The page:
The complexity and gravity of the problem

The involvement, for some time now, of a number of UN bodies and other international and national organisations and entities in the combating of wildlife crime provides ample evidence that the illegal trade in fauna and flora is no longer considered as an emerging issue. Instead, it has become a massive global industry worth billions of dollars annually and well integrated within the illicit economies that drive organised crime, international terrorism, and violent conflicts/8 In taking these developments into account, as well as the seriousness of the threat they pose to the security, environment, and sustainable development of many countries, it has been noted that the ‘pace, level of sophistication and globalised nature of wildlife and forest crime is beyond the capacity of many countries and individual organisations to address’^9 As a result there is a gap between commitments and compliance that needs to be narrowed.

The nature of the trafficking supply chain poses serious obstacles for enforcement agencies. Although trafficking organisations must often source, transport, and sell their contraband along a complex supply chain that crosses borders and oceans, from remote corners in Africa to retail markets in Asia, they have succeeded in consolidating and professionalizing their operations. In the illegal ivory trade alone transnational organised crime networks trafficked as much as 170 tons of ivory between 2009 and 2014, which, according to reports, could amount to as many as 229,729 elephants/0 Studies have shown that networks of this kind are tied together by a large number of facilitators in a global distribution chain made up of an almost infinite number of poachers in remote areas in Africa, illicit mineral transporters, freight forwarding companies, shipping agents, politicians, and merchants operating mainly in China, Thailand, and Vietnam.[1] [2] [3] [4] [5]

The methods used to facilitate the illicit trade in wildlife products also illustrate the complexity of the problem and the sophistication of the criminal networks. The trade commonly involves the mixing of legal and illegal harvesting of resources, the forgery of documents, the hacking of government websites to obtain forged permits, the establishing of shell companies, the bribing of corrupt government officials, and the laundering of contraband/2 Corruption seems to be of special concern in that it is considered a ‘deeply embedded feature of environmental crime’/3 At the same time these methods illustrate the wide range of measures member states will have to implement to effectively curb the illegal trade in wildlife products, which raises serious concerns about the capacity of some states to effectively combat wildlife crime, a matter that features frequently in CITES documentation and CoP meetings and that the UNODC is attempting to address with its Wildlife and Forest Crime Analytic Toolkit/4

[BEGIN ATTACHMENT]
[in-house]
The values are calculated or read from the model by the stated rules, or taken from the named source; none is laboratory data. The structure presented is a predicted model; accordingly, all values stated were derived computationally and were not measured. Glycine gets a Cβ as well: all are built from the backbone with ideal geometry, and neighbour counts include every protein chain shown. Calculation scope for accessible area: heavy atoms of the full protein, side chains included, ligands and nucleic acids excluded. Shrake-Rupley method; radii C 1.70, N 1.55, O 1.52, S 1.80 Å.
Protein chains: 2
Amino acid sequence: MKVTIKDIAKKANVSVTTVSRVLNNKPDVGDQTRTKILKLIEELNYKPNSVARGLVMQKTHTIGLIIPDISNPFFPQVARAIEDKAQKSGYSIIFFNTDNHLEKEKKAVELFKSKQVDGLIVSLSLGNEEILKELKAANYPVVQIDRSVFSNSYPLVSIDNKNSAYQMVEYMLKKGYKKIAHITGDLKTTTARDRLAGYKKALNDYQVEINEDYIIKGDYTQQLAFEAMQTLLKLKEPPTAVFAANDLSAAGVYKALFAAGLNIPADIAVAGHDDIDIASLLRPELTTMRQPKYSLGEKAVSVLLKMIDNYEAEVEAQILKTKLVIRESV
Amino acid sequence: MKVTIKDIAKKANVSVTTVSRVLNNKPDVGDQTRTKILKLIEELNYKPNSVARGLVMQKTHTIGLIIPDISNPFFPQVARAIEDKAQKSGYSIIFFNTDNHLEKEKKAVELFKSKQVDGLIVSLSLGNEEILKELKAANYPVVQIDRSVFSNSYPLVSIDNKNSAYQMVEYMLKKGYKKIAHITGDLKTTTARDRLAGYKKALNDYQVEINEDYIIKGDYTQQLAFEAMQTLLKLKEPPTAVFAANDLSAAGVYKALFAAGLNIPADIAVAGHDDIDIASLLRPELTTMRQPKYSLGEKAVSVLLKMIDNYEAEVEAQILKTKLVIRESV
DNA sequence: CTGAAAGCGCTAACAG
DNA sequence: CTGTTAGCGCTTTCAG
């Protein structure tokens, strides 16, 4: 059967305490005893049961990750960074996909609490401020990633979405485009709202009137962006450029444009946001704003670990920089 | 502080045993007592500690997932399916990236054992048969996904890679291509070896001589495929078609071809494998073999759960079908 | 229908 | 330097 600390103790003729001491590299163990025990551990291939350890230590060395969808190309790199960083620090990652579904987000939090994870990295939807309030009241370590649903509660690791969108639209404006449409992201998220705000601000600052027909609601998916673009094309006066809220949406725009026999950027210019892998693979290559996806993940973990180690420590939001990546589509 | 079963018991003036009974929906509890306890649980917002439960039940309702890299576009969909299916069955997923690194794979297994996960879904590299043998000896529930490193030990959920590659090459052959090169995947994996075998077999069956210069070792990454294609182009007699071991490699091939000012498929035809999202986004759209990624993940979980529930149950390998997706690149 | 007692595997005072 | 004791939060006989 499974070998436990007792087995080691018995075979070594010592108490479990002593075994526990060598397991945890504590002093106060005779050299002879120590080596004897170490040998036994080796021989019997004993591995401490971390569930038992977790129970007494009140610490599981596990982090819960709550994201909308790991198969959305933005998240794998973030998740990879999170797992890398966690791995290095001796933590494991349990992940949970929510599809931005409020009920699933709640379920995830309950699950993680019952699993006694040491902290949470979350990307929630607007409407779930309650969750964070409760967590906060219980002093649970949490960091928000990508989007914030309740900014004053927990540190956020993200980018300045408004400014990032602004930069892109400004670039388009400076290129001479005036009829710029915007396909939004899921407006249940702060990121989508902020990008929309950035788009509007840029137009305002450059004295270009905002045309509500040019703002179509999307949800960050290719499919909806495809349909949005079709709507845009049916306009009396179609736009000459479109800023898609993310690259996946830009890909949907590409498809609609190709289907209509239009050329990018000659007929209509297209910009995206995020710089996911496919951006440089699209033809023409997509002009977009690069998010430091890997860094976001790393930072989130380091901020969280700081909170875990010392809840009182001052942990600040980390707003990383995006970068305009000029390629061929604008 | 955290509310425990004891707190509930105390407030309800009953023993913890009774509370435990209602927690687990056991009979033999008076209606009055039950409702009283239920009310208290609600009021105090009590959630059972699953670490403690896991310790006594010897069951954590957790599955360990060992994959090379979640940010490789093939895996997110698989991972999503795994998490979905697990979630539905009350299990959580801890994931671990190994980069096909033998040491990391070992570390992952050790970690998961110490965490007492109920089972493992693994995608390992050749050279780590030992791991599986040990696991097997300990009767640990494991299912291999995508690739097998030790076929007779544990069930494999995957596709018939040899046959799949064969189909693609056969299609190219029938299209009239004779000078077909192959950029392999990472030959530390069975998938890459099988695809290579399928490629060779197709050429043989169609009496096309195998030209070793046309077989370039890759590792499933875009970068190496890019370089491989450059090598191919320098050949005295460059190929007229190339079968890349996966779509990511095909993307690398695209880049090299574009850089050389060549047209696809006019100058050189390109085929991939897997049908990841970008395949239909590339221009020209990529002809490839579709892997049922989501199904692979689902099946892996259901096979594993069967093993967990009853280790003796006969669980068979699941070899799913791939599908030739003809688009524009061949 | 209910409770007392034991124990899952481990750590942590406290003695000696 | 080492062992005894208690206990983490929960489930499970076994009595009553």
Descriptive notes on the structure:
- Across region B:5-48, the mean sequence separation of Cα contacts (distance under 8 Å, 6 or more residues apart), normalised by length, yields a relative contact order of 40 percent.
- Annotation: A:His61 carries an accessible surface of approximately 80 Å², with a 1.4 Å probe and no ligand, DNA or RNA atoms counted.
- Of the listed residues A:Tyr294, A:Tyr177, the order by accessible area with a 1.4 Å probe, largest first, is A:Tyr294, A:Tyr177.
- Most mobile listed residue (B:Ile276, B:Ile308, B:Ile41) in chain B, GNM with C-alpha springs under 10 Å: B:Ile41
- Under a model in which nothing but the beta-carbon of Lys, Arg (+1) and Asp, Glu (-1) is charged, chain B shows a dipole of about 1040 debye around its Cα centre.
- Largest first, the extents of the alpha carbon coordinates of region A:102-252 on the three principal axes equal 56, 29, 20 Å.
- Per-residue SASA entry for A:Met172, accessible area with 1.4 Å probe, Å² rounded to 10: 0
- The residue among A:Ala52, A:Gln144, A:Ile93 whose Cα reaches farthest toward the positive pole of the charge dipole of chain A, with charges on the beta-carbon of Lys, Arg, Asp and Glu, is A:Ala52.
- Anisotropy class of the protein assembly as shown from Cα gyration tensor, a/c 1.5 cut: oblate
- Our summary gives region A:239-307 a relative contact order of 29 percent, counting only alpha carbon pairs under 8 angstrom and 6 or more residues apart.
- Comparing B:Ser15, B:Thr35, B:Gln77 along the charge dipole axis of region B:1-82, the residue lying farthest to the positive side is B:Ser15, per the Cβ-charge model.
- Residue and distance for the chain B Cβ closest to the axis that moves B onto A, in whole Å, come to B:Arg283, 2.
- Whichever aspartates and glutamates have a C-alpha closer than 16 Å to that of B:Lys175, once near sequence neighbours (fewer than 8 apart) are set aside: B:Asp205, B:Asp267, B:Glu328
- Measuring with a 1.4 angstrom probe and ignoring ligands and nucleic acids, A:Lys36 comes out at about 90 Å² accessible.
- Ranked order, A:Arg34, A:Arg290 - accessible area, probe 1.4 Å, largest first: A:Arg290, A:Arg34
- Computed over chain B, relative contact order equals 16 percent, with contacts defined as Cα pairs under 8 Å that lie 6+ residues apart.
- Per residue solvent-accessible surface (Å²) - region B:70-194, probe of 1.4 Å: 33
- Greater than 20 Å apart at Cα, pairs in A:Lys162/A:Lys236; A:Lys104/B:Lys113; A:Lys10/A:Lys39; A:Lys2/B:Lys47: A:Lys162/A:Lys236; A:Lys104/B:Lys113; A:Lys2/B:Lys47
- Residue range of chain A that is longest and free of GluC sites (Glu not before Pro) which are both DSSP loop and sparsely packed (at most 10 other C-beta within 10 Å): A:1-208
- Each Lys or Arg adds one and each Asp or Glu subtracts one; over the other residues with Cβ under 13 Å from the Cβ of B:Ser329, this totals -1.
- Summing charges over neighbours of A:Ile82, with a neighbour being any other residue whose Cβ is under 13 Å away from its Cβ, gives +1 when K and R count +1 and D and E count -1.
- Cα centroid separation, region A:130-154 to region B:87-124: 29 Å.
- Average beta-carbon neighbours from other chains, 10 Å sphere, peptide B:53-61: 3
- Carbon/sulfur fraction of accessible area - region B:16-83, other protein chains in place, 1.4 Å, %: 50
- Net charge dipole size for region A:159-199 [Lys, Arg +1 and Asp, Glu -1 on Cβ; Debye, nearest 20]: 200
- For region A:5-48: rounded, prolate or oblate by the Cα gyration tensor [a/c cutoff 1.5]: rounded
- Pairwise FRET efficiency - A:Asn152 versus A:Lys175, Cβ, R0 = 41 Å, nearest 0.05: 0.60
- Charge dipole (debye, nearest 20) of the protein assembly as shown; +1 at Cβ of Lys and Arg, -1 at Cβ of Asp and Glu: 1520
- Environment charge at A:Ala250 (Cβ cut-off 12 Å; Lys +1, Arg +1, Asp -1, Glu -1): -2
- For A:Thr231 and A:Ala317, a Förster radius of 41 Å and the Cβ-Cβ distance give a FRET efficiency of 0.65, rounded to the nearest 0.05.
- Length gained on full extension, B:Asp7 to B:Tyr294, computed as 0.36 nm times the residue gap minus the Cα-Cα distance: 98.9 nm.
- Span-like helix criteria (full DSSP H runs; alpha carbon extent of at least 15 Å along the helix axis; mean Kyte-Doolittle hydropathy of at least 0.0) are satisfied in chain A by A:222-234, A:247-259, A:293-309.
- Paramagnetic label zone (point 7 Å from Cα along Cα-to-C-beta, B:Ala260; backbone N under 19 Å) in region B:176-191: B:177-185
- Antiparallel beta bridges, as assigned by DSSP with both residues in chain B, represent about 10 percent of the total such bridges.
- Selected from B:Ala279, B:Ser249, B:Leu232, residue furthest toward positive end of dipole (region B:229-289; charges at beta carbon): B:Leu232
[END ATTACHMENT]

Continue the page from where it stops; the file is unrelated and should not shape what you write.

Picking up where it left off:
Apart from capacity issues there is also the issue of discrepancies within and among national wildlife, forestry, criminal, and other laws. In this regard, the UNODC has concluded that:

[m]any countries do not, or do not yet, comprehensively criminalise the many activities involved in illegal trade in wild fauna and flora. In some jurisdictions, the criminal law does not adequately capture attempts at committing offences or participation in these offences. In addition, it may not contain special provisions for corruption and money-laundering in the wildlife and forestry sectors. Consequently, the reform of legal and regulatory systems becomes a prerequisite for combating wildlife and forest crime/5

  • [1] Ibid, 3lff.
  • [2] Nellemann et al., The Environmental Crime Crisis, cited in note 13 above, pp. 13 and 14.
  • [3] Ibid, p. 14.
  • [4] Available at, accessed 16 October 2015.
  • [5] 75 cited in note 73 above, p. 13.
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